Environmental educators and “environmentalists” have the dilemma of dichotomy. The public and the media to consider all environmental educators to be environmental activists (Hug, n.d.). They consider them to be one in the same. To a certain degree many environmental educators are environmental activist to a certain degree, at least from the standpoint that many environmental educators have a deep appreciation for the environment and wish to spread knowledge about the environment to others, in the hopes that someone else will be able to develop or enhance their appreciation of nature themselves. The term “environmentalist” has been used to mean a certain radical, sometimes rebellious actions that place environmental concerns over almost any other agenda. This research when viewpoints on how we view environmental education
Environmentalists have developed a somewhat negative reputation, being associated with protests, and sometimes downright sabotage in order to protect the environment (Hug, n.d.). An environmental educator is a world citizen is a world citizen who uses knowledge as their tool (Hug, n.d.). Environmental educators have a duty to be unbiased in their presentation of the information.
Kwong (1997) asks the question of when or if an environmental educator should every take action, risking their reputation as an educator, rather than an activist. Environmental education focuses on changing values and attitudes through education. It stems from an inner frustration with the environmental inaction of the general population (Kwong, 1997). Kwong’s argument focuses on the school system and how environmental issues should be presented. Kwong agrees with providing education from an early age, but disagrees with presenting the information in such a way that the person has only one “right” choice that they can make. This all comes down to the amount of faith that one has in the ability of future generations to make a sound decision based on good judgment and consideration of the issues. Environmental behaviorists are focused on changing behaviors that lead to a healthier environment (Kwong, 1997). The question is how far they should go, especially when their actions involve shaping the minds of school children and at what point does it violate the precepts of a free society?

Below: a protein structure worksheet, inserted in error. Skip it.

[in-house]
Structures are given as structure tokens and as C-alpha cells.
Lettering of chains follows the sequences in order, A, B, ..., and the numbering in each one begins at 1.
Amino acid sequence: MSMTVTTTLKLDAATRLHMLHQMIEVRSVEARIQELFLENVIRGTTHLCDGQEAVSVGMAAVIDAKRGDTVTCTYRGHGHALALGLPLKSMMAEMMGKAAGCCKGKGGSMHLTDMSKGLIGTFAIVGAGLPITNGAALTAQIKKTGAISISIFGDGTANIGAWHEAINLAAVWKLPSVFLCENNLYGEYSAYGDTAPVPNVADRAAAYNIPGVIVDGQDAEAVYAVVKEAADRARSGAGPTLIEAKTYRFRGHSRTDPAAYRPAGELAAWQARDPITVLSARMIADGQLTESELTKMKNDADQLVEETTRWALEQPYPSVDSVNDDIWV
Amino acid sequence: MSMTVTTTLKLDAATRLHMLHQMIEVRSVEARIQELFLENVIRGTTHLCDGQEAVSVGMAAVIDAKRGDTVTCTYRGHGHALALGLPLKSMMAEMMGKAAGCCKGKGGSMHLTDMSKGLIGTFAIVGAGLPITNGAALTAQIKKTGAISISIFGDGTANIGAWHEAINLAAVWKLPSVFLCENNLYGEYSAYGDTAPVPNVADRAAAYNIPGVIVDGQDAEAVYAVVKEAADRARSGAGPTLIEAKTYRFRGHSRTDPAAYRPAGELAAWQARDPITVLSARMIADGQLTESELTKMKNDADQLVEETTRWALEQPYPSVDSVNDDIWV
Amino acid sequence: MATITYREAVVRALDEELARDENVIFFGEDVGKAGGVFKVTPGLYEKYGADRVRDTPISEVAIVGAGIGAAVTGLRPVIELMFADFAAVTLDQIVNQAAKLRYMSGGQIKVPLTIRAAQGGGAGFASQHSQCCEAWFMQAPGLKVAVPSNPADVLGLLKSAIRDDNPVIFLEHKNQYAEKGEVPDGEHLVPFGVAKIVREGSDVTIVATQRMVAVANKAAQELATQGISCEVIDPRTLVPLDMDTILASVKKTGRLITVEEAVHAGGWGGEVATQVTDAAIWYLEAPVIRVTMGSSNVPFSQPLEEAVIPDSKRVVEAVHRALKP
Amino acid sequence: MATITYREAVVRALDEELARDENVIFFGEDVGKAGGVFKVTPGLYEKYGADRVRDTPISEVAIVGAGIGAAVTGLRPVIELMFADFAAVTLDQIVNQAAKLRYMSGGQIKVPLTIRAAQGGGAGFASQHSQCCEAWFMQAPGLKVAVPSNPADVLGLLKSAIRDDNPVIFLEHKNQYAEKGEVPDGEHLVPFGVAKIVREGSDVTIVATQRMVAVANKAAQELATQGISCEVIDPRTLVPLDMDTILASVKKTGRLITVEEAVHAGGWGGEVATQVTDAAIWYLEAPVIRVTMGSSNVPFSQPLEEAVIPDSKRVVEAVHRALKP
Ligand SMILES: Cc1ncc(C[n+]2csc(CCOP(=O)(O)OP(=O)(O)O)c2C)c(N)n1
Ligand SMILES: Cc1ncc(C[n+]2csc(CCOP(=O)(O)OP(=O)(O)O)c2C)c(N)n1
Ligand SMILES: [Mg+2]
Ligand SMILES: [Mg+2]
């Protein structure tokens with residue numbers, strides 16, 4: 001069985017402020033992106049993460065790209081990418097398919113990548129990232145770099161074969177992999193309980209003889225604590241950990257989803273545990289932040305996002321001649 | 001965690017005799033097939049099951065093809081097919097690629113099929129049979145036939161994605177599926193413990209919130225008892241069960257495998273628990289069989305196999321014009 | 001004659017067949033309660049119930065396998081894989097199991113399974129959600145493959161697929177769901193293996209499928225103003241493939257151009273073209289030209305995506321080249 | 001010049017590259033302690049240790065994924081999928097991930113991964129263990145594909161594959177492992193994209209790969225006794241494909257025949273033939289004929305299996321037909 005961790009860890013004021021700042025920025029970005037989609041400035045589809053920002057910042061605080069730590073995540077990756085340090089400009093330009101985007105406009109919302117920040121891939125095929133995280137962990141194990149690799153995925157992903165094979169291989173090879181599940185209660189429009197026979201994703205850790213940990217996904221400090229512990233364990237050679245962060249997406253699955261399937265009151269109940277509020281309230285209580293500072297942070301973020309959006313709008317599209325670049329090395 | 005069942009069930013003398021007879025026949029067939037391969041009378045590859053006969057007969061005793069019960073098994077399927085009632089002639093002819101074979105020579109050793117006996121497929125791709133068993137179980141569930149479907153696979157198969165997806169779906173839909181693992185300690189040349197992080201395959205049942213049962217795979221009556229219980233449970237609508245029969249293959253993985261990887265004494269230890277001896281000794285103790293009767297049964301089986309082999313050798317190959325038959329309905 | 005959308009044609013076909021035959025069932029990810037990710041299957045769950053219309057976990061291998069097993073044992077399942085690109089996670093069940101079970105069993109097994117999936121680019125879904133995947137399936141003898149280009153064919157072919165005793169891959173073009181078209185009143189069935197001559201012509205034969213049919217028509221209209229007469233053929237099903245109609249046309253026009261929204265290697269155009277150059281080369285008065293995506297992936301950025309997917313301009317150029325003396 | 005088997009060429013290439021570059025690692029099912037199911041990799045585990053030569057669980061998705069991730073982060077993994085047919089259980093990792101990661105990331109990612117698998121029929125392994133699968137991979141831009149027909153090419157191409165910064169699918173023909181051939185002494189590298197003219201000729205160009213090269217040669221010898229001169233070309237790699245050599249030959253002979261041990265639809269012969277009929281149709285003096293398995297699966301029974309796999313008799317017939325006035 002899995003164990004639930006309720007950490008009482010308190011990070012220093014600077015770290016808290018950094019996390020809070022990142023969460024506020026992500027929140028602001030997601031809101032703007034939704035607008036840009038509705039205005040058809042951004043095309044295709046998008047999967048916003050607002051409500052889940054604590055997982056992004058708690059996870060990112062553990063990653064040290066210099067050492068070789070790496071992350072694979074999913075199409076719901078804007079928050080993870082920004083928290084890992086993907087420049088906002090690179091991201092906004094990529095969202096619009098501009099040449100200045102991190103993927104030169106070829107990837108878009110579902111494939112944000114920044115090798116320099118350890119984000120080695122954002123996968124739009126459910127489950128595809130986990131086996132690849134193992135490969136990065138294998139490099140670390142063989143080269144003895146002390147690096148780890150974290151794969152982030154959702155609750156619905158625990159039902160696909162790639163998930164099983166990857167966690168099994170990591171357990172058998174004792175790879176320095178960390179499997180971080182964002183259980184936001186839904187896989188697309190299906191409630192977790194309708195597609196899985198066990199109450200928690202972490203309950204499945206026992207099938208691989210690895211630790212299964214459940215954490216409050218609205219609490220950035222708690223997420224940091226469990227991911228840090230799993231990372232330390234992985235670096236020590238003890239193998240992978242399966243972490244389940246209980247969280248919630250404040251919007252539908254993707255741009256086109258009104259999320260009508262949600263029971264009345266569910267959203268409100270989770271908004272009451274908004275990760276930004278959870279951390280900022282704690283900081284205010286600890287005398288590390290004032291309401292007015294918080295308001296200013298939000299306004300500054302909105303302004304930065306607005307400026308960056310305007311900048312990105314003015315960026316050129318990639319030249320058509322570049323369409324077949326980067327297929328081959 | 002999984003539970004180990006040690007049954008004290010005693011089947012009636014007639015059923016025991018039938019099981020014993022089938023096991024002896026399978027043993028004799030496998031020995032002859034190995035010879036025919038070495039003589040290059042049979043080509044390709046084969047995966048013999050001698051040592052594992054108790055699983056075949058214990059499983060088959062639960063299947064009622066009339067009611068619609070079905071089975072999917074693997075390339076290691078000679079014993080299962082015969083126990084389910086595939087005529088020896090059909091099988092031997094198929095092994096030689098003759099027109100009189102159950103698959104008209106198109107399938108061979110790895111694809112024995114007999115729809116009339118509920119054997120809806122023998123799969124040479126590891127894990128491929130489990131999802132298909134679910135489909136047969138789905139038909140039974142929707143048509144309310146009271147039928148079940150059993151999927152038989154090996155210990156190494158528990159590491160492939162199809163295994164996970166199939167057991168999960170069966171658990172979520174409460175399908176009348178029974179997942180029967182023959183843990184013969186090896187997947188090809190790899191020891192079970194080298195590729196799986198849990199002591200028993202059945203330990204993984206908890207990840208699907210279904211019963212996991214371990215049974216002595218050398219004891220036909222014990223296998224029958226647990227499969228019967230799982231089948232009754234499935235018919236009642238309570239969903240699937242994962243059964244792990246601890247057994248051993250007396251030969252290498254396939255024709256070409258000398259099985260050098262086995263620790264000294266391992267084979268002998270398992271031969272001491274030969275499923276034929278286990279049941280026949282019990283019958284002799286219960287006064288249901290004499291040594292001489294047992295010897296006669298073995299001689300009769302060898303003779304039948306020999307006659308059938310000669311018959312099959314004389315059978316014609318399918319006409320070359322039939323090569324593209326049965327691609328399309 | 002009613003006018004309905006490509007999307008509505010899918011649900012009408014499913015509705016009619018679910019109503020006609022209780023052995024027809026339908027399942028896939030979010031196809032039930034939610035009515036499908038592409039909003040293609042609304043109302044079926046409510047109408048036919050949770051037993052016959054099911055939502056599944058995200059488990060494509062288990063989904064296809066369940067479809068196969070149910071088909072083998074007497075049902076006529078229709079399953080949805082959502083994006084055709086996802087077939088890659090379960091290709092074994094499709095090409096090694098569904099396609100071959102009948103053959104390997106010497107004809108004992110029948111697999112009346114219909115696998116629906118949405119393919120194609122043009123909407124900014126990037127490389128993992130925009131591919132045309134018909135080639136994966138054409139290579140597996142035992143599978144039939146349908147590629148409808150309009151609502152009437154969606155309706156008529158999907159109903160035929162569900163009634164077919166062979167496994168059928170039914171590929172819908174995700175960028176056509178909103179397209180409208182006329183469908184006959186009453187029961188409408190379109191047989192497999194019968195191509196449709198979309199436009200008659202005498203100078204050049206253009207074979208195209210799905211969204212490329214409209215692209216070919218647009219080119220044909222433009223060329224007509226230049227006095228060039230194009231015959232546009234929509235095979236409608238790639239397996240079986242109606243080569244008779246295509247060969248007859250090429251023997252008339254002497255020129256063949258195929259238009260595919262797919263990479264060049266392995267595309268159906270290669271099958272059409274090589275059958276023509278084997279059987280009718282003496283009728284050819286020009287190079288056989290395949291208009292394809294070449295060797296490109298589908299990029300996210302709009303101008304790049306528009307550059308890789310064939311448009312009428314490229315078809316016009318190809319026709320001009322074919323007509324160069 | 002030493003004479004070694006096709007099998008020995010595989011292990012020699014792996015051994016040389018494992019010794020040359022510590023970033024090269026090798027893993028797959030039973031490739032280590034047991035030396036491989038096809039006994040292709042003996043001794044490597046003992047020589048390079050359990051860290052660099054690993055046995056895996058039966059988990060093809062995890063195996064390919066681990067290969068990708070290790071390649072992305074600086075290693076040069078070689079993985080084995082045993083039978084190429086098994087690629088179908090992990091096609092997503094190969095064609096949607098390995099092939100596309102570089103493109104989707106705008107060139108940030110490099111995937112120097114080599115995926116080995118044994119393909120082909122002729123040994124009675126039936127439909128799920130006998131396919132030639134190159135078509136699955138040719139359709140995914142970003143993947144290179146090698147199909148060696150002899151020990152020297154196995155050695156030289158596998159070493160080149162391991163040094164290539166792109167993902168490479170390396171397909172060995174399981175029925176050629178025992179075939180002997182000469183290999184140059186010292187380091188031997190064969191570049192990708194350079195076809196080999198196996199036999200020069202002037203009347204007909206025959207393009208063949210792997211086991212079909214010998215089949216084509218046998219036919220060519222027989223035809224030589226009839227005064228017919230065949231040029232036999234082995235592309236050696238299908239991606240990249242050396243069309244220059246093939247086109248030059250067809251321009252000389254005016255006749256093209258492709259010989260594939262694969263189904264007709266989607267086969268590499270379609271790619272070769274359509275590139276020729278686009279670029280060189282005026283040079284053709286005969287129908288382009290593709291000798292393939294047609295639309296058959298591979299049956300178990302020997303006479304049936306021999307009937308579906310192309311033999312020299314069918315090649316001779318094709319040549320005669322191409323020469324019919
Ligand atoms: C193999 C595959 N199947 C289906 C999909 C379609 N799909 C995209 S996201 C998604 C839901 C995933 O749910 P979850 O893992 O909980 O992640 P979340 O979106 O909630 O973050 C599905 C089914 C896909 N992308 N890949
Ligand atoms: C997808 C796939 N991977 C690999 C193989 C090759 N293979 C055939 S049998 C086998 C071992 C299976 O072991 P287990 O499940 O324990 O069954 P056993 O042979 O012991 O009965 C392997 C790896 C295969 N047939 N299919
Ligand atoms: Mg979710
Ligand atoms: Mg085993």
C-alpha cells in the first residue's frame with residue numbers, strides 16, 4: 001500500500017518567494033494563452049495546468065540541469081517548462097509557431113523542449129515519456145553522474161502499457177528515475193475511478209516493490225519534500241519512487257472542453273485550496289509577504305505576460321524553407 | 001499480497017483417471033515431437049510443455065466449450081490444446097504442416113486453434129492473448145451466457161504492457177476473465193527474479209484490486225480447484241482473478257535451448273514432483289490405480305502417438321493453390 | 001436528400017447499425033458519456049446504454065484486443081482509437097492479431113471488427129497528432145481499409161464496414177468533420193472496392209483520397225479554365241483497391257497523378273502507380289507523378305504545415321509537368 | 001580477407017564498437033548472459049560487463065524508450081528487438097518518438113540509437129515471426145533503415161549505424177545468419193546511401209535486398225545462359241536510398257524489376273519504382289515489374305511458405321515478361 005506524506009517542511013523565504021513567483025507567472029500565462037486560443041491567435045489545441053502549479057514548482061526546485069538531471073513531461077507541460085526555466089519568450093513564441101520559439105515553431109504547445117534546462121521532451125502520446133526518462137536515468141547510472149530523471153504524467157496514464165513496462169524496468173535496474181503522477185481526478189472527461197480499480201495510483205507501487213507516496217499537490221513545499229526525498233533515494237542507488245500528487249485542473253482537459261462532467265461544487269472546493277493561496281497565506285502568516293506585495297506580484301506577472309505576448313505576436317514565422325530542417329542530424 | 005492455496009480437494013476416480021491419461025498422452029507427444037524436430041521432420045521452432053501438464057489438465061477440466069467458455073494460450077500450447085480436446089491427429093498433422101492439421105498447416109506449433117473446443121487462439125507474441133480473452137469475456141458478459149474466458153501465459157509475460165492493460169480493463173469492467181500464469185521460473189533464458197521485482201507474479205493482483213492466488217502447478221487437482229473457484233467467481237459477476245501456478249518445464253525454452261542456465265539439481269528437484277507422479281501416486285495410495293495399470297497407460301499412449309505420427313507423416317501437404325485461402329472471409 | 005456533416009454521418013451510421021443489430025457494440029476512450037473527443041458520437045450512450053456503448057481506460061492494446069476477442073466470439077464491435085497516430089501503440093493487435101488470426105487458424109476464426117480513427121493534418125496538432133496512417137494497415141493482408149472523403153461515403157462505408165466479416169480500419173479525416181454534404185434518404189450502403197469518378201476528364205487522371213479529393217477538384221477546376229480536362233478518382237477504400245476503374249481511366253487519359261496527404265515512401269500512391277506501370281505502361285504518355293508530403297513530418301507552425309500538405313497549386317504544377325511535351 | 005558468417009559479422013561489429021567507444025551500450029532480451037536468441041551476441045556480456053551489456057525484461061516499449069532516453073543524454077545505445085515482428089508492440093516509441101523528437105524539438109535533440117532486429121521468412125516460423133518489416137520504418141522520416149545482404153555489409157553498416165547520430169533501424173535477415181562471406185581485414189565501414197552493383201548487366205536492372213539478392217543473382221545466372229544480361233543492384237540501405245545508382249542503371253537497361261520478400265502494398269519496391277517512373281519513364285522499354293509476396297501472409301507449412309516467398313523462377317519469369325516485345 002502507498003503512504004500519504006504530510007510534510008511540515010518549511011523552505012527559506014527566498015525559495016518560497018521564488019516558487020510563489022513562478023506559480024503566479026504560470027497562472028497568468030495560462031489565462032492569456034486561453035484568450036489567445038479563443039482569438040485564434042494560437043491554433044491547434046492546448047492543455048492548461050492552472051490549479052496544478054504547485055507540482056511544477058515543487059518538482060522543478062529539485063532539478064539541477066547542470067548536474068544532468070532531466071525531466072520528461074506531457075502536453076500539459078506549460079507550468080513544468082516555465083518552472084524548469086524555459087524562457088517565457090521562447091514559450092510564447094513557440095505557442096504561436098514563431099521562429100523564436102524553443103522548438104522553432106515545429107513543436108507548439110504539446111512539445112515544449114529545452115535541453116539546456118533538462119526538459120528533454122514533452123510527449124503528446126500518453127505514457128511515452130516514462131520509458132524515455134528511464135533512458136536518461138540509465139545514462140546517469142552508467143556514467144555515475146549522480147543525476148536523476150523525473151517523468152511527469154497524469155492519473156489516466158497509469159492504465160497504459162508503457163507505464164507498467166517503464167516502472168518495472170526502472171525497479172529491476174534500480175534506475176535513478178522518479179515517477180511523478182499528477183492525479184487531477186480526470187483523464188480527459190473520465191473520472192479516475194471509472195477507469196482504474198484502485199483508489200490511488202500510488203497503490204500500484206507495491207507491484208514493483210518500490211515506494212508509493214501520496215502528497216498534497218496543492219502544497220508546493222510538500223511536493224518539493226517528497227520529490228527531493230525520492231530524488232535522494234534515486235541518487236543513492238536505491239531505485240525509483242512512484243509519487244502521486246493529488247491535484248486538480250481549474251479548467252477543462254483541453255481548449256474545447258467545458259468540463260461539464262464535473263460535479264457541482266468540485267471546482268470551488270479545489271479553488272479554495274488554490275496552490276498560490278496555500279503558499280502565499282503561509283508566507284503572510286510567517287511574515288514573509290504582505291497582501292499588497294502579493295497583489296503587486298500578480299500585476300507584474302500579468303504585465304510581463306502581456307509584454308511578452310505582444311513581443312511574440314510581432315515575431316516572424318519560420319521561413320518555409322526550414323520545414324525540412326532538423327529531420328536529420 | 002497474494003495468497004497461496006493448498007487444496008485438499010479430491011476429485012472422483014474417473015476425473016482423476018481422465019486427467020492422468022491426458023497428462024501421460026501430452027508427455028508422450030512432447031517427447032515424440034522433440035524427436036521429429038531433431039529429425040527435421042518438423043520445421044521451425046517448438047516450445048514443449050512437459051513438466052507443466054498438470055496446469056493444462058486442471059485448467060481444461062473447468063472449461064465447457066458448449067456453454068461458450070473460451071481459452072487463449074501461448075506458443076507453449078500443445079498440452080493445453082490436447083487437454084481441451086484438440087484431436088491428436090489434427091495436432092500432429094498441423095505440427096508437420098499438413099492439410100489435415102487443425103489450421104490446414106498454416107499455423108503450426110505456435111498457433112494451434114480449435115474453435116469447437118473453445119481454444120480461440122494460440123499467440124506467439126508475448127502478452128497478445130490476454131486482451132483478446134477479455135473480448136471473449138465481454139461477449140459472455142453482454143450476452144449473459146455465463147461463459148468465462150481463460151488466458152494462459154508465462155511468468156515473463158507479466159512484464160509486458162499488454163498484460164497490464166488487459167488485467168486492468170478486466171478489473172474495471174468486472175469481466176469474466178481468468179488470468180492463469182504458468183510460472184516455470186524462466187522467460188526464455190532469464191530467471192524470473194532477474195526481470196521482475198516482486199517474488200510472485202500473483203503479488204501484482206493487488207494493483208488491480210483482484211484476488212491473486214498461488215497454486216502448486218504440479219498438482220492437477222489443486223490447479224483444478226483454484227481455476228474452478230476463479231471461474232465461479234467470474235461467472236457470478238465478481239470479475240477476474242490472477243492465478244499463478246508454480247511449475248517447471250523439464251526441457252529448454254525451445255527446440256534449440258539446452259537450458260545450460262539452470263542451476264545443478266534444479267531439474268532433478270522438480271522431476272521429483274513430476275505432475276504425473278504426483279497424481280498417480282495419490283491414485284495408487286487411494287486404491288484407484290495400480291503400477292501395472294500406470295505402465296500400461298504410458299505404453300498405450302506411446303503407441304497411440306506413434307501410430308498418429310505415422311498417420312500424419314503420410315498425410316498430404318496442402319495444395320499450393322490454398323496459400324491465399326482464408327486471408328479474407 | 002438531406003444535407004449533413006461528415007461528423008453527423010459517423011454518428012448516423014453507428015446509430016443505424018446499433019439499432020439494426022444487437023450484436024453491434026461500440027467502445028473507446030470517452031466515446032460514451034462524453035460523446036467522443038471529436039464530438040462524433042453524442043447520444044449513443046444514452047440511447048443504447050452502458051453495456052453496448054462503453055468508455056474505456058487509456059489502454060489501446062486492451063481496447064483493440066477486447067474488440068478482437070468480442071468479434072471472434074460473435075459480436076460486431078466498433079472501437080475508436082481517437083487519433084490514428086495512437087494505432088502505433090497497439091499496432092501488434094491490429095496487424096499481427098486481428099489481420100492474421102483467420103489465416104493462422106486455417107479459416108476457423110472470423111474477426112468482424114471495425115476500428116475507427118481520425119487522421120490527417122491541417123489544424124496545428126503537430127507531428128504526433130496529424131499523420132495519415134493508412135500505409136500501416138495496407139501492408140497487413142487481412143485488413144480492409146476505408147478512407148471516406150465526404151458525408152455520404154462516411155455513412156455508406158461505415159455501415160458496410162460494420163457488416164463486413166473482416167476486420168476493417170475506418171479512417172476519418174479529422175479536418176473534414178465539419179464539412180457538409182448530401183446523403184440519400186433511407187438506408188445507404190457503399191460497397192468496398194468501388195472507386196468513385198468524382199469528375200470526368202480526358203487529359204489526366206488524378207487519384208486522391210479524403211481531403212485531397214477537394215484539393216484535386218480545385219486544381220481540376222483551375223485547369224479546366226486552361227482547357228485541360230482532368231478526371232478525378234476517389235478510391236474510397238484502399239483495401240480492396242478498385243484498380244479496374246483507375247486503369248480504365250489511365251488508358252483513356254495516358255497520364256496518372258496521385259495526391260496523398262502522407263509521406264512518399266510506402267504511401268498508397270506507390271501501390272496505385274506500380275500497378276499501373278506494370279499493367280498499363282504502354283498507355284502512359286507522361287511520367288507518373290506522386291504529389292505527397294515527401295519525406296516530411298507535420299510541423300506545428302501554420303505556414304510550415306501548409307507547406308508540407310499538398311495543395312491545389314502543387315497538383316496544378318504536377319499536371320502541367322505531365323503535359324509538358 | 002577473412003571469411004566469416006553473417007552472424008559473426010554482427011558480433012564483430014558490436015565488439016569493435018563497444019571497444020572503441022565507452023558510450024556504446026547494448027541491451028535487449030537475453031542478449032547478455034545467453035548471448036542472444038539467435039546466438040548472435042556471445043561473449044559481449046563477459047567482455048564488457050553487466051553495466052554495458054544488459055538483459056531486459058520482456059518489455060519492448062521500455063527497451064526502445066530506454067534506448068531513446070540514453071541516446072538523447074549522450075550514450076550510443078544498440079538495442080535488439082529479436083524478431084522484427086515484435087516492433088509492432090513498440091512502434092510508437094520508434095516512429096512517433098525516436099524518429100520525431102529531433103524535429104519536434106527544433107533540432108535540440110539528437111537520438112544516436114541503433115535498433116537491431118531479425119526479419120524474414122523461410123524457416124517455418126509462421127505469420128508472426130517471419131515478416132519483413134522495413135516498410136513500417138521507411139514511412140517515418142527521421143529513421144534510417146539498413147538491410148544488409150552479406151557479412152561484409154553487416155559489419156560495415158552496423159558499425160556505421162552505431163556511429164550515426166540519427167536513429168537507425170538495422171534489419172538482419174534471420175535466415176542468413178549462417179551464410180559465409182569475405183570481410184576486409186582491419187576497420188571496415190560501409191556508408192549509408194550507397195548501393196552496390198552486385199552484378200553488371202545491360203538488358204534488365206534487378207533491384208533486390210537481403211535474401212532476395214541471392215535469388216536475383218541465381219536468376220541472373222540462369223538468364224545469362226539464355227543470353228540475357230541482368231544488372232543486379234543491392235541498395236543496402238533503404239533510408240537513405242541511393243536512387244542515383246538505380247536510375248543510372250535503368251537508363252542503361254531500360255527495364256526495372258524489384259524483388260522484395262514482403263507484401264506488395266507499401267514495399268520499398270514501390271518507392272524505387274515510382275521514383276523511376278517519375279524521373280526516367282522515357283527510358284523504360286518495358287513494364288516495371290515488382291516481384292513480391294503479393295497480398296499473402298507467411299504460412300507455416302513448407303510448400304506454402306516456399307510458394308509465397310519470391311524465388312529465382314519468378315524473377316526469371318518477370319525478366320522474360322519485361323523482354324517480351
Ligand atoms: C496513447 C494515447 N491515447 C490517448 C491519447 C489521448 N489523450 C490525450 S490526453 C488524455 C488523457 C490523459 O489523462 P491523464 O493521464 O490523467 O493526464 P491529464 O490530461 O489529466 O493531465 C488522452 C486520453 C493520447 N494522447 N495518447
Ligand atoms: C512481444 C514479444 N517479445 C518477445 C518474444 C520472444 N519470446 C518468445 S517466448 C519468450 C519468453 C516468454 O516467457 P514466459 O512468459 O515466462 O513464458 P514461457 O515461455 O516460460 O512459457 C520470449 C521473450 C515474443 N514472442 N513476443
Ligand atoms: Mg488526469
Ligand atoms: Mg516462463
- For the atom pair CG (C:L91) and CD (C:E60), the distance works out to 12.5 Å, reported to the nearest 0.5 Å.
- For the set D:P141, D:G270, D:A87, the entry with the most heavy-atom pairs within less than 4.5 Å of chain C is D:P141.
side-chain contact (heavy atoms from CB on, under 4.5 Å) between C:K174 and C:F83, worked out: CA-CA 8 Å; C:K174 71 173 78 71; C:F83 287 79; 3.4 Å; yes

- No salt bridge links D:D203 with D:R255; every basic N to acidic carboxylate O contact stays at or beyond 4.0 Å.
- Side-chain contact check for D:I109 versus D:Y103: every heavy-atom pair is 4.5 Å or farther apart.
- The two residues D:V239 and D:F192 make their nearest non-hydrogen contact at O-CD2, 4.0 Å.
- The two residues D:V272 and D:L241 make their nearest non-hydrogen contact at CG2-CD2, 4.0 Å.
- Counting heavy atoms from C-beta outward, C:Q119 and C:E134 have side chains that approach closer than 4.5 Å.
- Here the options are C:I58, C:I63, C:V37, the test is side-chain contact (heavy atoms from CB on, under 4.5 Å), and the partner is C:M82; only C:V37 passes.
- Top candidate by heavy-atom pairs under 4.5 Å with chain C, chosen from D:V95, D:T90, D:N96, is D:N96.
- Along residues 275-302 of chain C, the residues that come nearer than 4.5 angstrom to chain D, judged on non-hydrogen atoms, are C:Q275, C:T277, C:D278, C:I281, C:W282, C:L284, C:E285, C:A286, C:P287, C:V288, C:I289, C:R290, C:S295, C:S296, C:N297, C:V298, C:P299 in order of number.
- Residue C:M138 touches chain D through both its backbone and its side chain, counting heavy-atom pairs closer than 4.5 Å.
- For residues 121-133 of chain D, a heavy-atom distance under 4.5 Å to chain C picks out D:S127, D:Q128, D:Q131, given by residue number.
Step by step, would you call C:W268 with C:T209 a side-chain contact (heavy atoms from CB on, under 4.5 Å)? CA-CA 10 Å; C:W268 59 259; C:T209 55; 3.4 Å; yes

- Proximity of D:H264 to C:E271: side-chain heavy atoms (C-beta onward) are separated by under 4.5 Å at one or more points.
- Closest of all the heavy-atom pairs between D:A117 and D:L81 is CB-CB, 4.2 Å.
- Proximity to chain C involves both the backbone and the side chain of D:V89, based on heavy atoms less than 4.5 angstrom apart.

Environmental education is a process of developing a knowledge base that continues to expand over time. In the educational setting, there is often a fine line between education and advocacy in the classroom (Wilke, 1997). The purpose of environmental education is to end in behaviors that represent advocacy for the environment (Wilke, 1997). When stated in this manner, there is little distinguishable difference between environmental educators and environmentalists, other than the means used to get to the end result. It is hoped that the students will draw their own conclusions and take actions that represent in greater citizenship and concern for fellow man (Wilke, 1997). Teachers who promote their own perspective have an impact on the future course of action in their students do an injustice to their students and to the field of environmental education (Wilke, 1997).